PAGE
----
Washington State at Auburn
When: Saturday, 7 p.m., EST on ESPNU
Line: Auburn -15
Reasons to watch: Two heralded offensive gurus face off hoping to reverse disastrous results from their respective programs in 2012. Auburn’s Gus Malzahn seemingly has the better chance – especially if QB Nick Marshall is as good as advertised. Washington State, behind coach Mike Leach, wants to see immediate progress from an offense that underwhelmed last season. It shouldn’t take long to measure Malzahn’s impact. His offense paid immediate dividends in 2009 when he took over as offensive coordinator at Auburn.
Murray State at Missouri
When: Saturday, 7 p.m., EST (no TV)
Line: Missouri -37.5
Reasons to watch: Hard to find a reason to watch this one, too. Missouri fans should be able to celebrate a season-opening win by halftime. The best reasons to watch this game would be to remember what QB James Franklin and RB Henry Josey look like when they’re healthy.
Kentucky vs. Western Kentucky (in Nashville)
When: Saturday, 7:10 p.m., EST (ESPNews)
Line: Kentucky -4
Reasons to watch: First-year coaches in the Bluegrass State square off in – you guessed it – Nashville. The Mark Stoops era begins at Kentucky, where optimism finally surrounds a program that doesn’t play all its games inside Rupp Arena. Meanwhile, disgraced Arkansas coach Bobby Petrino will look forward to facing the Wildcats after the program didn’t strongly consider him for their vacancy. The Hilltoppers knocked off Kentucky last season. While a win tonight wouldn’t mean the Wildcats’ readiness to contend for an SEC East title, it might well provide validation for the hopefulness.
No. 5 Georgia at No. 8 Clemson
When: Saturday, 8 p.m., EST (ABC)
Line: Georgia -2.5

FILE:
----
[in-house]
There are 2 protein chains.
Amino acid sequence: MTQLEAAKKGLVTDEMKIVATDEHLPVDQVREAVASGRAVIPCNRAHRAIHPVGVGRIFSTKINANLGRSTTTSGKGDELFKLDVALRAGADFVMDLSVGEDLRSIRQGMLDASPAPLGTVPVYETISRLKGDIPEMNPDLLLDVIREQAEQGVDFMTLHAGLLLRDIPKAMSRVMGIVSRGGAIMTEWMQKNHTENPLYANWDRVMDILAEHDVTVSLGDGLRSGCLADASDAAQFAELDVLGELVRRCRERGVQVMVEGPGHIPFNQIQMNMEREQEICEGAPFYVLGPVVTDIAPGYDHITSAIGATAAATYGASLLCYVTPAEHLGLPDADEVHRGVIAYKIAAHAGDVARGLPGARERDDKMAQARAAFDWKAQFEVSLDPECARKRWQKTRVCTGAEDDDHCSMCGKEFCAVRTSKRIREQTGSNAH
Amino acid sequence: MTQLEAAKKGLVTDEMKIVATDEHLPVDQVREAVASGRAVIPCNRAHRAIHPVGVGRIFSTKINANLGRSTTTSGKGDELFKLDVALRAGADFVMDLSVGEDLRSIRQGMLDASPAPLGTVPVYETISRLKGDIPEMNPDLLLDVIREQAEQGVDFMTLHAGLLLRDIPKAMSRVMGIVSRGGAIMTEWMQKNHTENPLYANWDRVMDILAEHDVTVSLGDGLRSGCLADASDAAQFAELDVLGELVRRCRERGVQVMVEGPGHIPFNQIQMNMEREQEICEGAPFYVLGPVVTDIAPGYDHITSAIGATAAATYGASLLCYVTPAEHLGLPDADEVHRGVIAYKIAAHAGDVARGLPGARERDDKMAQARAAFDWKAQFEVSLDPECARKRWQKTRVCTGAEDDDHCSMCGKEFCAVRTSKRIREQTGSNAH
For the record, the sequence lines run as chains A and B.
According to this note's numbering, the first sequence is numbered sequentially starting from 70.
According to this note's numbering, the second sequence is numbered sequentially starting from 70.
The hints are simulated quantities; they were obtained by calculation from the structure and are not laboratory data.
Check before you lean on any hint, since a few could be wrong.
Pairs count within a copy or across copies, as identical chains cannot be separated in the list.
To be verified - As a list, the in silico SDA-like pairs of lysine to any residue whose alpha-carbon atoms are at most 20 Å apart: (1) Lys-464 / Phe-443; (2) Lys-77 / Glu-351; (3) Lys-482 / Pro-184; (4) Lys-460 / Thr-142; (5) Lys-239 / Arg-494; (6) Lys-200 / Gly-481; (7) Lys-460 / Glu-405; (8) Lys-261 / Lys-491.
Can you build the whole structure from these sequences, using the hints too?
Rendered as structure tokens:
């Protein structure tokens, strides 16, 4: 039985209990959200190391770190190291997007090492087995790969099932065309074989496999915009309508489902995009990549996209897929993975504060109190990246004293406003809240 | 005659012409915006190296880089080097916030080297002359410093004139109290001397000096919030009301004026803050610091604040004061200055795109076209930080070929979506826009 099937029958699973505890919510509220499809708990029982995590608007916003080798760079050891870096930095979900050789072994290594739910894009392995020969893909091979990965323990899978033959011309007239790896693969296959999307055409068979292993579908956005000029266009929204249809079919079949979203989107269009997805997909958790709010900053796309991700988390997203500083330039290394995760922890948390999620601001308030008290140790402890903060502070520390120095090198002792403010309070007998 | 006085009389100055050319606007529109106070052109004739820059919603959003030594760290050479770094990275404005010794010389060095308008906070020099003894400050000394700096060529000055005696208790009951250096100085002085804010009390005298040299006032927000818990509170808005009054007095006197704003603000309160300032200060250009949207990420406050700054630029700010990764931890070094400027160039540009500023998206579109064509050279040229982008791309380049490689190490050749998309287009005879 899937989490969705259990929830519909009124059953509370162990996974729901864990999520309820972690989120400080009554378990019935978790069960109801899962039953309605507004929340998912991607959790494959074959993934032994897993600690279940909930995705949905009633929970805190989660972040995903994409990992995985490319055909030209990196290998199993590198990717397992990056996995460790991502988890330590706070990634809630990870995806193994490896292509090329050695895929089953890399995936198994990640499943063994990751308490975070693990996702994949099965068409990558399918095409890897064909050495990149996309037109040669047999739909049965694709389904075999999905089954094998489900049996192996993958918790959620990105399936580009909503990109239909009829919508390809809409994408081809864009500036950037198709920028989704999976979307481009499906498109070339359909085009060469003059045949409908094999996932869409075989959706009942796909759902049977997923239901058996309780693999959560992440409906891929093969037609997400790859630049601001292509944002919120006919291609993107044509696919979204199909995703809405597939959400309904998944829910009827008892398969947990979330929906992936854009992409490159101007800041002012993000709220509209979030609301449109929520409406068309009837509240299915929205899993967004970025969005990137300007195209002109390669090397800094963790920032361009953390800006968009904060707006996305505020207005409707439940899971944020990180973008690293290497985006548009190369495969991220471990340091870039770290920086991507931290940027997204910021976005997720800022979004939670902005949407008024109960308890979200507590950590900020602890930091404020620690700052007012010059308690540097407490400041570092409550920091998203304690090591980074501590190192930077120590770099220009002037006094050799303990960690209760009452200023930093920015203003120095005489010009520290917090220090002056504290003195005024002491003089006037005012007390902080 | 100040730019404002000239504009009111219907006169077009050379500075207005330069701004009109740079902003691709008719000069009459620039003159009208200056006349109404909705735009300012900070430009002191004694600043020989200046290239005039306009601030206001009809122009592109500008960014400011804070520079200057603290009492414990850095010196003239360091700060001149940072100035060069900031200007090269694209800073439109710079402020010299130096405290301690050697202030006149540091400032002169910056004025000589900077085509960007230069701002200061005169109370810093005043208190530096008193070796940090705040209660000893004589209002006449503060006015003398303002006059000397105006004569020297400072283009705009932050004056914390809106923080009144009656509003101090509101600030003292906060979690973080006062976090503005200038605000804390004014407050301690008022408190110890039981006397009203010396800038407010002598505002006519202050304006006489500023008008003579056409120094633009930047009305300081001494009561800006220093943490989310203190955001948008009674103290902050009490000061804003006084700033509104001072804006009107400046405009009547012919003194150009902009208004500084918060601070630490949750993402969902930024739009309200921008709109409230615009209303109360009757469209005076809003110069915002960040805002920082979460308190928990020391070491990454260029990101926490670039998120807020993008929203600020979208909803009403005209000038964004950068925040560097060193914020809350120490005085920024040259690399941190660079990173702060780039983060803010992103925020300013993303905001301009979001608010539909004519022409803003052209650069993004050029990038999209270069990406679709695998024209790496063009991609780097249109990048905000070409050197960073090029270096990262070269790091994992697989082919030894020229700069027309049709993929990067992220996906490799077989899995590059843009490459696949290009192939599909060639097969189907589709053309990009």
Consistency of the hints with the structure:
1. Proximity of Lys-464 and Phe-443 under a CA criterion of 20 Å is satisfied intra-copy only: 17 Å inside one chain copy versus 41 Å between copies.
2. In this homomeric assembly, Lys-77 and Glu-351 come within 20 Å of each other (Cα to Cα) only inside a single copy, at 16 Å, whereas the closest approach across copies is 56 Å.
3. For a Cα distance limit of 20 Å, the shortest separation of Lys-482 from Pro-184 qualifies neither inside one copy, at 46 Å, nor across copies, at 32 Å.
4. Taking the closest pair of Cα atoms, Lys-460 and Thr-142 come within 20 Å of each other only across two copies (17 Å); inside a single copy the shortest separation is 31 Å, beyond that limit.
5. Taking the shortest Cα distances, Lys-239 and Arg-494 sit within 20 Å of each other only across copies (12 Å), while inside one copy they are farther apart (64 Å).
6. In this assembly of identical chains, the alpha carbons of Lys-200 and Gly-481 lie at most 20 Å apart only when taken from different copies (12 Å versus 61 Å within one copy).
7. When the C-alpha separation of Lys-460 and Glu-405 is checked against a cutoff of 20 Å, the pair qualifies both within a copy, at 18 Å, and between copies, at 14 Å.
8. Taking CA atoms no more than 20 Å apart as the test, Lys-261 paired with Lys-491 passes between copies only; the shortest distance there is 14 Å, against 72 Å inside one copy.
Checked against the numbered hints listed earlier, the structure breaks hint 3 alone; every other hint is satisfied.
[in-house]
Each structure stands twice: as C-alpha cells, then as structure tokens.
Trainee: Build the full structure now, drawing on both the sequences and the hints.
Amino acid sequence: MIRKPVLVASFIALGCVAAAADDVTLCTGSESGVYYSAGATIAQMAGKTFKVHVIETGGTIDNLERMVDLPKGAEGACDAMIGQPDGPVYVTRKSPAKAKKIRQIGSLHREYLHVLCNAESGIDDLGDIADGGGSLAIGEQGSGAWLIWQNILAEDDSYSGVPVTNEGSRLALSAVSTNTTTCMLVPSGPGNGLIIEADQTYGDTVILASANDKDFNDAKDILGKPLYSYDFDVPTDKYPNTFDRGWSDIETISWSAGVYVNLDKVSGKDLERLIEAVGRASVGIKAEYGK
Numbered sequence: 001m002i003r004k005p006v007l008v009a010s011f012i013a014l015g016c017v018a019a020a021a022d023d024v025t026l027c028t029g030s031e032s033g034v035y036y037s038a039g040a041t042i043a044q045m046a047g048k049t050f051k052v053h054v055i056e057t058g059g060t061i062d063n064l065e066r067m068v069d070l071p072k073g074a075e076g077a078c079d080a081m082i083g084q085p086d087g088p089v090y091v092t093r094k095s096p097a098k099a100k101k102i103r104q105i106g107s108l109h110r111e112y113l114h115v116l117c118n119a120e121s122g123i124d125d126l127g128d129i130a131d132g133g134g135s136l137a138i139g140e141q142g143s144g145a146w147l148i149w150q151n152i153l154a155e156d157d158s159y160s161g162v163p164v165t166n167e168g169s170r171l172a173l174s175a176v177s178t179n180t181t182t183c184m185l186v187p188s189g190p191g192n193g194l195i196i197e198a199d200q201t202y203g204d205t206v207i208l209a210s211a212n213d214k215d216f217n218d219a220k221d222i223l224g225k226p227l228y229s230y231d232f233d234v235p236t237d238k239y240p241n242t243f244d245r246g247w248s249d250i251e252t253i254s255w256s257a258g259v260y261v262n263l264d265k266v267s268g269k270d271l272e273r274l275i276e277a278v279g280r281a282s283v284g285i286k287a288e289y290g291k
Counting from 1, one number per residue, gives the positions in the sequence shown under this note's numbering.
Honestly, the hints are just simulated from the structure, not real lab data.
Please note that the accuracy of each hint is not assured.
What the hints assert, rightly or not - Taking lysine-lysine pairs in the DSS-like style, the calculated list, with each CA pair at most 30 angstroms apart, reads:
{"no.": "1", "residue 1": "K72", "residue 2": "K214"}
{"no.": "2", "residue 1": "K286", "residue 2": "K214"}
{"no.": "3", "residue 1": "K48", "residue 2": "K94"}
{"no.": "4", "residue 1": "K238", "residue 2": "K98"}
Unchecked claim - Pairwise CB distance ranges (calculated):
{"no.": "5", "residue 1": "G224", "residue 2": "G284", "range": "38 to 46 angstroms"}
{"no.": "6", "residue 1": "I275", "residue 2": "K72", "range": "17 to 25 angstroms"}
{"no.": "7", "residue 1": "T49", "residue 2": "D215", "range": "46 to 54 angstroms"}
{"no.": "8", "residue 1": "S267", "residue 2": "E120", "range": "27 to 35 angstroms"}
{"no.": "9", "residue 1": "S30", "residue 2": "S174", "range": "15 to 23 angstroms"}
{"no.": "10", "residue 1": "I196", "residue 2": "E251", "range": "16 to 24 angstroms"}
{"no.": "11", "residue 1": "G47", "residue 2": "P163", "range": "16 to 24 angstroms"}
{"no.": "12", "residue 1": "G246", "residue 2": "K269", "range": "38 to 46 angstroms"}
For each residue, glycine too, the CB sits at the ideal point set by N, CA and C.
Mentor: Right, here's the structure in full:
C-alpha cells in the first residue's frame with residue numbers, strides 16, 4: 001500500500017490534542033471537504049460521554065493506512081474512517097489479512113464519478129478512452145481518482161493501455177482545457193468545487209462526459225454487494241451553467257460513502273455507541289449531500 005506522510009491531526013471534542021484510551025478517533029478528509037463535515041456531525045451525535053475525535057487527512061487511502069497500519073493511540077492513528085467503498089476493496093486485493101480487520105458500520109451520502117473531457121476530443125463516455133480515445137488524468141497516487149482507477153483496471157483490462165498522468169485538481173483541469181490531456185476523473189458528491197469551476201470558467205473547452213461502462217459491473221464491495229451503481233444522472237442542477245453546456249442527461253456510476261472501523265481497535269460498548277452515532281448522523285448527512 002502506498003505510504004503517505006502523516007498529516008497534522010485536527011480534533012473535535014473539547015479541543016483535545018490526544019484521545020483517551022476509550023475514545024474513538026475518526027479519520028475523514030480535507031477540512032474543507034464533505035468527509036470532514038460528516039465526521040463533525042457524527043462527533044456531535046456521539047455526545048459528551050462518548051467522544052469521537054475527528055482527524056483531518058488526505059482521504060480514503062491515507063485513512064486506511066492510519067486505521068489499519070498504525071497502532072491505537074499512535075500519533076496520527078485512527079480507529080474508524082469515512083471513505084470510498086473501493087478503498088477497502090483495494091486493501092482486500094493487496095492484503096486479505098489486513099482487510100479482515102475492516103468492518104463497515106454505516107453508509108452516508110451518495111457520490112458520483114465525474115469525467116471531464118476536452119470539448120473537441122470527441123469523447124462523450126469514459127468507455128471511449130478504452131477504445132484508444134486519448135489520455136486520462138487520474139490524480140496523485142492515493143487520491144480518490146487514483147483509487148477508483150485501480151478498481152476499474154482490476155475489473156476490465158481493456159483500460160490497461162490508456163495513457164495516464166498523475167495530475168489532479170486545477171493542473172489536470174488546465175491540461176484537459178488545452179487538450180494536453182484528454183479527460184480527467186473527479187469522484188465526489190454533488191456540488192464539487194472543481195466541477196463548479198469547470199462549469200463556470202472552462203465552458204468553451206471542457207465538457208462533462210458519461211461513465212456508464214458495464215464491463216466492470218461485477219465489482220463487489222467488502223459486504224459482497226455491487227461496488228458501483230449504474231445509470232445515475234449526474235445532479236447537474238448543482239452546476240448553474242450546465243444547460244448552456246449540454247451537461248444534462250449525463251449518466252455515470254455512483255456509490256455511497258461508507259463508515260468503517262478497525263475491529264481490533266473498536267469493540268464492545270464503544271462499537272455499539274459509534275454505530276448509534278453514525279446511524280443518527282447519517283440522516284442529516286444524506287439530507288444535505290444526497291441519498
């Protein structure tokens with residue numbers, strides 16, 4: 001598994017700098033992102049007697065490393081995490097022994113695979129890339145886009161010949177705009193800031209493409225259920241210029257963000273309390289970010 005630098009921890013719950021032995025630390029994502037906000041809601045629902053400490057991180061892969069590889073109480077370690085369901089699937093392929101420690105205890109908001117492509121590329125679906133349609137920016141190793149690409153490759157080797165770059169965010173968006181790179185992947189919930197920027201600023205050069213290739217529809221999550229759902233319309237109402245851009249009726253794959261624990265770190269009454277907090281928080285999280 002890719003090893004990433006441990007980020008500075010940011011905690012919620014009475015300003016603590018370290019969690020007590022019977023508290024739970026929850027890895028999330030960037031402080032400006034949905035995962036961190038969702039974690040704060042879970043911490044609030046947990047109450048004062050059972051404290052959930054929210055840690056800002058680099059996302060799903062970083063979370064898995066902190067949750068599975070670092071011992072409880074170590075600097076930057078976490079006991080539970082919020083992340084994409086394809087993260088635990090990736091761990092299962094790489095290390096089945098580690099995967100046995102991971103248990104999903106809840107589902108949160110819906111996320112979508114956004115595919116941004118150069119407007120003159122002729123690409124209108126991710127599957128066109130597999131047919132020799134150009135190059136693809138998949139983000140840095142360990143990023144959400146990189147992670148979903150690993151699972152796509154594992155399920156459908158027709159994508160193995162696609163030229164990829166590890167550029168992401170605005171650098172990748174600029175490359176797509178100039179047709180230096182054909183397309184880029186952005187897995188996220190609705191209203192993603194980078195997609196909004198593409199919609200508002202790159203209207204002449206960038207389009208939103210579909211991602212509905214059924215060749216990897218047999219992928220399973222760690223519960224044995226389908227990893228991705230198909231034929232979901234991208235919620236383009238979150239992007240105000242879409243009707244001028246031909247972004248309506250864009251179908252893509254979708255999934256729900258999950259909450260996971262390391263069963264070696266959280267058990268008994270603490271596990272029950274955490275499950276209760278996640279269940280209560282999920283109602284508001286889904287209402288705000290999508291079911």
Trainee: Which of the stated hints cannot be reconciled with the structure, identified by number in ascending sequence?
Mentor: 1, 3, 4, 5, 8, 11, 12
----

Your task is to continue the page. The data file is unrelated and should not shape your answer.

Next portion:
Reasons to watch: In the best matchup of the weekend, these two teams with national championship aspirations battle inside Memorial Stadium. QBs Tahj Boyd (Clemson) and Aaron Murray (Georgia) are two of the best players in the nation. Both could launch Heisman campaigns tonight, as could skill-position players such as Bulldogs RB Todd Gurley and Clemson WR Sammy Watkins. Georgia will try to break in several new defensive starters. That could prove disastrous against Clemson OC Chad Morris’ attack.
No. 12 LSU vs. No. 20 TCU (in Arlington, Texas)
When: Saturday, 9 p.m., EST on ESPN
Line: LSU -4
Reasons to watch: One of the SEC’s elite programs battles a favorite in the Big 12 in what should be another highly entertaining Saturday night game. First-year LSU OC Cam Cameron has plenty of weapons at his disposal, led by QB Zach Mettenberger. Though Mettenberger disappointed in 2012, he has a big-time arm and some stellar receivers to target. TCU DE Devonte Fields, who was suspended for the game, will suit up. It’s not clear what role he might play. Horned Frogs QB Casey Pachall – a first-team all-Big 12 selection – makes his return to college football after battling demons during the 2012 season. The winner of this game scores major bragging rights for its conference and serves notice to the rest of the nation of being a possible national contender.